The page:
With the meticulous attention to detail of a historian and a storyteller's eye for human drama, Bernstein shines a beam of truth on a forgotten American tragedy. Heartbreaking and riveting. ---Gregg Olsen, New York Times best-selling author of Starvation Heights "A chilling and historic character study of the unfathomable suffering that desperation and fury, once unleashed inside a twisted mind, can wreak on a small town. Contemporary mass murderers Timothy McVeigh, Columbine's Dylan Klebold, and Virginia Tech's Seung-Hui Cho can each trace their horrific genealogy of terror to one man: Bath school bomber Andrew Kehoe." ---Mardi Link, author of When Evil Came to Good Hart On May 18, 1927, the small town of Bath, Michigan, was forever changed when Andrew Kehoe set off a cache of explosives concealed in the basement of the local school. Thirty-eight children and six adults were dead, among them Kehoe, who had literally blown himself to bits by setting off a dynamite charge in his car. The next day, on Kehoe's farm, what was left of his wife---burned beyond recognition after Kehoe set his property and buildings ablaze---was found tied to a handcart, her skull crushed. With seemingly endless stories of school violence and suicide bombers filling today's headlines, Bath Massacre serves as a reminder that terrorism and large-scale murder are nothing new. A native of Chicago, Arnie Bernstein is the author of The Hoofs and Guns of the Storm: Chicago's Civil War Connections and Hollywood on Lake Michigan: 100 Years of Chicago and the Movies. He is the winner of a Puffin Foundation Grant and Midwest Regional History Publishing honors.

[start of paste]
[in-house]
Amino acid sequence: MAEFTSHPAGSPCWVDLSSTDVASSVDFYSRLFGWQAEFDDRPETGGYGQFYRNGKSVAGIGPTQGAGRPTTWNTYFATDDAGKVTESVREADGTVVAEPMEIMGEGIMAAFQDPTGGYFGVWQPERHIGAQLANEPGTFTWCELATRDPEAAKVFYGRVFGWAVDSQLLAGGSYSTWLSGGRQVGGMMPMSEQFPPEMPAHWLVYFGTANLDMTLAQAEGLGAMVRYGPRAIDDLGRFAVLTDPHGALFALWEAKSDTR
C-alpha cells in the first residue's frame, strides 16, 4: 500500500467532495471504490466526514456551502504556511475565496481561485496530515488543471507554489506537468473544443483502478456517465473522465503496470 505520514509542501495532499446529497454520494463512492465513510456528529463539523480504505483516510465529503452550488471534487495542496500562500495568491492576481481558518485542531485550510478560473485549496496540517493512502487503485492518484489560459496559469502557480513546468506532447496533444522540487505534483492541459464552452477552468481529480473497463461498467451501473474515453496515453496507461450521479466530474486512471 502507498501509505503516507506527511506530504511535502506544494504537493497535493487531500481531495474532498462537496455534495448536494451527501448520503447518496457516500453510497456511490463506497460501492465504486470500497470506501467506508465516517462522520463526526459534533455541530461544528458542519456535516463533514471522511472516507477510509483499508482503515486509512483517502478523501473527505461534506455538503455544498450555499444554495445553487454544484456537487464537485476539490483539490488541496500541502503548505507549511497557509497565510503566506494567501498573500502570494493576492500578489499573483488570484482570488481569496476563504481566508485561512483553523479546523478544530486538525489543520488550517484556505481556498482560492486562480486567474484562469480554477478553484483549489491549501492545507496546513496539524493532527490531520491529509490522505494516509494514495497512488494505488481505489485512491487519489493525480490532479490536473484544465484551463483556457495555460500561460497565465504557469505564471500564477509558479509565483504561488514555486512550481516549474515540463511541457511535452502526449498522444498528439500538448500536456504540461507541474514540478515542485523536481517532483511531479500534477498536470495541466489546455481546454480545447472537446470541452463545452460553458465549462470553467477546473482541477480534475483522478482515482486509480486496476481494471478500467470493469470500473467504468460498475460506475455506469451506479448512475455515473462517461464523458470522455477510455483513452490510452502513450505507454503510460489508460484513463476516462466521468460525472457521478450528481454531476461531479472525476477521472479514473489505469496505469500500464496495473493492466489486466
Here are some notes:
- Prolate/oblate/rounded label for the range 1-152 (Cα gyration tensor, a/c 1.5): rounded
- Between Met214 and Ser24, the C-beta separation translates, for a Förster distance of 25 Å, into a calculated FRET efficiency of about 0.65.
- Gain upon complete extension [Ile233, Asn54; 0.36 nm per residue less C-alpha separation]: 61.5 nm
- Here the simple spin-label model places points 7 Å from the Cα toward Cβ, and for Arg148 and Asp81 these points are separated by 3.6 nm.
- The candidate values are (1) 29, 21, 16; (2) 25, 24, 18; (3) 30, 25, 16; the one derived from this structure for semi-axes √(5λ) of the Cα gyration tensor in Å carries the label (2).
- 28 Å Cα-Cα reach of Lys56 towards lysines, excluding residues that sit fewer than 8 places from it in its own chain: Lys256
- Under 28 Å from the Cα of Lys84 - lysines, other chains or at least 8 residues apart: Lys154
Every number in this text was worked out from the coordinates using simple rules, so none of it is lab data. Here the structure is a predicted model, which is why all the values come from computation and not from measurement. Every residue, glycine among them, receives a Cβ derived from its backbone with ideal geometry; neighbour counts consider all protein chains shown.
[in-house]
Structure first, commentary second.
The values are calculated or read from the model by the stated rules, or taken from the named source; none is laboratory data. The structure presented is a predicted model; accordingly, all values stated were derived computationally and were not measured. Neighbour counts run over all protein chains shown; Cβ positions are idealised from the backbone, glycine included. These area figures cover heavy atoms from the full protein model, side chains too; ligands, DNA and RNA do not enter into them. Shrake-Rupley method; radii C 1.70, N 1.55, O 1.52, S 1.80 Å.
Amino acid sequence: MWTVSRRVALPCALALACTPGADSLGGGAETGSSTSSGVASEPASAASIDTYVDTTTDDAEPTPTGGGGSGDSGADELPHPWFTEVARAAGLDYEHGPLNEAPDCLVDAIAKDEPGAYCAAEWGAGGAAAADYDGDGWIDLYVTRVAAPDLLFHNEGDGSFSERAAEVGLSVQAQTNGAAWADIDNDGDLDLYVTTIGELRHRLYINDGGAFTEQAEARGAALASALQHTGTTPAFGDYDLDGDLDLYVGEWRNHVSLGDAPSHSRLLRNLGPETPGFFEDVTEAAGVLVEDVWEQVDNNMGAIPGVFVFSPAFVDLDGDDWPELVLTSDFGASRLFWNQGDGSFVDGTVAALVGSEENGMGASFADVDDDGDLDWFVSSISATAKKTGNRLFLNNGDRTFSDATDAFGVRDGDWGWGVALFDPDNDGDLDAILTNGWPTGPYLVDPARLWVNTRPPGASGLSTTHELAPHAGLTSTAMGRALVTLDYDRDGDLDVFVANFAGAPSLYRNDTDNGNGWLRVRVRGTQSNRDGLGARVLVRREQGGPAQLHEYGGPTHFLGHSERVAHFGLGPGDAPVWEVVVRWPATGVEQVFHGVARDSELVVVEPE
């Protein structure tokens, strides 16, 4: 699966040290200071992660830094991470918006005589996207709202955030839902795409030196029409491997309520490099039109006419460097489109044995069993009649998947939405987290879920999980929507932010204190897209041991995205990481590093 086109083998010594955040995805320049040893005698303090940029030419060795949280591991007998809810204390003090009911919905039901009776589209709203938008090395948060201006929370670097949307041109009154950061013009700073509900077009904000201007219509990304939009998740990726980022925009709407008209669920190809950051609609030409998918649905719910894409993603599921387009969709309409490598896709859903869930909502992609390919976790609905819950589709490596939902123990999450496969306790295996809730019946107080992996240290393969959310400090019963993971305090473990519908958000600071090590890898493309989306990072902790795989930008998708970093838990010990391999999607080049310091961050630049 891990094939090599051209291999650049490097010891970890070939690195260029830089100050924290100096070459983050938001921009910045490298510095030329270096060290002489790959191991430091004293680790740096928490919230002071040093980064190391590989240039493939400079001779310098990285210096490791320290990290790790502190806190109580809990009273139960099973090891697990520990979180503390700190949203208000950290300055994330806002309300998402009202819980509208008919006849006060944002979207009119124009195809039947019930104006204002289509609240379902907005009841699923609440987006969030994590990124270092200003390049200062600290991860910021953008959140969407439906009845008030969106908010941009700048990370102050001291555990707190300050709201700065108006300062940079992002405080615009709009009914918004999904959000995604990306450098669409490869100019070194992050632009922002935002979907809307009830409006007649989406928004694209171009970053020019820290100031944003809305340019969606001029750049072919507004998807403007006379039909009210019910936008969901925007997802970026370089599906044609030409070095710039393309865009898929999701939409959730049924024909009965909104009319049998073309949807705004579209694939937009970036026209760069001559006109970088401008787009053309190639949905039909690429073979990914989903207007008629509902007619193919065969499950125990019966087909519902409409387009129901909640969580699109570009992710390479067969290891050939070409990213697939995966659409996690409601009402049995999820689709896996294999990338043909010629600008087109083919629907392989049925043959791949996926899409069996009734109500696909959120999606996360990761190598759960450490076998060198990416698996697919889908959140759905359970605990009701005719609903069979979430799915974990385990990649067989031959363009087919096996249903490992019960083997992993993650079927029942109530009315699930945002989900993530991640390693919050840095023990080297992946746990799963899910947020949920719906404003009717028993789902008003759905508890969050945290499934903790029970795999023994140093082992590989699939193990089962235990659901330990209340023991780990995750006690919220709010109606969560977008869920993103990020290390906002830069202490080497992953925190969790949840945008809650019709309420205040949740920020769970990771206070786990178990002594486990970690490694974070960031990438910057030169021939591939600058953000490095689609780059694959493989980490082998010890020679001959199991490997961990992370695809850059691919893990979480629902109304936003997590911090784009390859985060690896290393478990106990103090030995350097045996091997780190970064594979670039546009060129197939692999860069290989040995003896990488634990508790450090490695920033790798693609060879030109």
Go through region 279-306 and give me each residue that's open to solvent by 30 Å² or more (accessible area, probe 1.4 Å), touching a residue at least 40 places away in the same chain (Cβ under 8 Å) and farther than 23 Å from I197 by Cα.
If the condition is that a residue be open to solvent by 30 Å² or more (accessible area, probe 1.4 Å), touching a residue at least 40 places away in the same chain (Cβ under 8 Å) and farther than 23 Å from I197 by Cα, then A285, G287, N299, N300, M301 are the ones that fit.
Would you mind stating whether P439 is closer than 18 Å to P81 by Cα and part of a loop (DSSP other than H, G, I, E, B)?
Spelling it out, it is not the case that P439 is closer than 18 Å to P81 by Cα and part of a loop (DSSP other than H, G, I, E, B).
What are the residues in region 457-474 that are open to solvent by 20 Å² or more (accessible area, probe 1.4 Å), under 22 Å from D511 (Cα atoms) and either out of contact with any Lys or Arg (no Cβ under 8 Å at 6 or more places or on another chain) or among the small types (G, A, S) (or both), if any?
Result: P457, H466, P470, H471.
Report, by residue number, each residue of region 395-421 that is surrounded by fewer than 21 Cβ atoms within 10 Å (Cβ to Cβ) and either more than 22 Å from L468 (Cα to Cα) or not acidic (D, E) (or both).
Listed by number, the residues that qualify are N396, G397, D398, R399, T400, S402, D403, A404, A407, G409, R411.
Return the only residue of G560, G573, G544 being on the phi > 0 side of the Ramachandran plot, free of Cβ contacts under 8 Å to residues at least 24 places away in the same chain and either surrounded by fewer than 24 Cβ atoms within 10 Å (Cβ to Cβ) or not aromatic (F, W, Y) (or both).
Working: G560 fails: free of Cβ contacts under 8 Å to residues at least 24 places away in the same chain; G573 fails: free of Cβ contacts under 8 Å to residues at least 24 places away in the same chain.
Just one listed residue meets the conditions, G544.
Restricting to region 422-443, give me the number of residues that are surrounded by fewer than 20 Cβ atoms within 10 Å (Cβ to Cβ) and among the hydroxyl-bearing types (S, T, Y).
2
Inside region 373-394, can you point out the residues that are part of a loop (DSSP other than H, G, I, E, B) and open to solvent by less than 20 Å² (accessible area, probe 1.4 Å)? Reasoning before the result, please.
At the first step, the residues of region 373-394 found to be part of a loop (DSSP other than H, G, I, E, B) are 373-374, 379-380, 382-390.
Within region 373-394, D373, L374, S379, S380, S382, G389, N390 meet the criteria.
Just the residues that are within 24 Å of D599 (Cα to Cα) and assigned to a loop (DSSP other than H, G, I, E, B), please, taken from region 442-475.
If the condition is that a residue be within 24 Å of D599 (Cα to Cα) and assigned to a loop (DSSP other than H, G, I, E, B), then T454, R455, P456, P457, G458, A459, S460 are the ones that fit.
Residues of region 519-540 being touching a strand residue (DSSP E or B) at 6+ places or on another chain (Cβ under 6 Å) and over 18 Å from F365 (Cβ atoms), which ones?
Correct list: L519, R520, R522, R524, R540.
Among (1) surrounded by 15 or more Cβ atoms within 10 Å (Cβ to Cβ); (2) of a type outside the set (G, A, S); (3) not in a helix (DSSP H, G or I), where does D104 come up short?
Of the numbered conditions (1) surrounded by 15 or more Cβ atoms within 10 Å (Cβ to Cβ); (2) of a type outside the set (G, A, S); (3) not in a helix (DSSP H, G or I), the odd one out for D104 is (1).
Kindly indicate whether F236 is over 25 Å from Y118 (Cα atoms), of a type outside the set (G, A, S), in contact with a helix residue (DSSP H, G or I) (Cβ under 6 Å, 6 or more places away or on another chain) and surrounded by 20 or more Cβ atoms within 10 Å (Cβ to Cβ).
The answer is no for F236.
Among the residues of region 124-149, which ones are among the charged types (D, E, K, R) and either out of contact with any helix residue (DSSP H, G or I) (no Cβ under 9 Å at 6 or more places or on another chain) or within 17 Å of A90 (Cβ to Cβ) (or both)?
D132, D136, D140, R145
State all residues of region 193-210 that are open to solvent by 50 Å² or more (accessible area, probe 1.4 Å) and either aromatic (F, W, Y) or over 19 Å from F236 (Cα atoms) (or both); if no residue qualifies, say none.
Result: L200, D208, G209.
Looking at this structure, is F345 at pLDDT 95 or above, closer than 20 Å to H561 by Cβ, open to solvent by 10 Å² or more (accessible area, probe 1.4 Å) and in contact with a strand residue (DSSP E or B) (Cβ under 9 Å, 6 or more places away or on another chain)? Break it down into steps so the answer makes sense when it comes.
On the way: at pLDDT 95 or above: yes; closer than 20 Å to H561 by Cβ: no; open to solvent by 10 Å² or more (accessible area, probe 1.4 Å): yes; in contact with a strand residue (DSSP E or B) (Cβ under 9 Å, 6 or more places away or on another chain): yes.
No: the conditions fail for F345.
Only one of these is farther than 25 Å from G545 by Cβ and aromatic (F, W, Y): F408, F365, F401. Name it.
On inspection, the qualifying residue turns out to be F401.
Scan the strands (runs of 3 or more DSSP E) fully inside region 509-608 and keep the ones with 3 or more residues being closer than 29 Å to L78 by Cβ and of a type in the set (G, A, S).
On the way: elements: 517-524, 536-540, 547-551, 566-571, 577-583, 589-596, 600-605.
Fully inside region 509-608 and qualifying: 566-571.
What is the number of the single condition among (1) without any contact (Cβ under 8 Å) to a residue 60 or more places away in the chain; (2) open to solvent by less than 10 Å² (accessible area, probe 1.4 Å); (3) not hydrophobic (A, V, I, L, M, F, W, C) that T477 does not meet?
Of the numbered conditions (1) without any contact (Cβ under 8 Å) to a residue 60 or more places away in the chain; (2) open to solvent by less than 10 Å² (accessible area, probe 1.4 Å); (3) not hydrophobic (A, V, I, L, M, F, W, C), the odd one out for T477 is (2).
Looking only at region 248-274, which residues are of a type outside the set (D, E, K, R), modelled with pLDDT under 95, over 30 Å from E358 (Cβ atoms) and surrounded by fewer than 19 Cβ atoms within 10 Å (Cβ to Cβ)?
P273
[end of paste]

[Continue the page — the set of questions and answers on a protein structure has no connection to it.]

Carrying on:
Métis children encounter evangelical Protestants at Mackinaw Mission, 1823-1837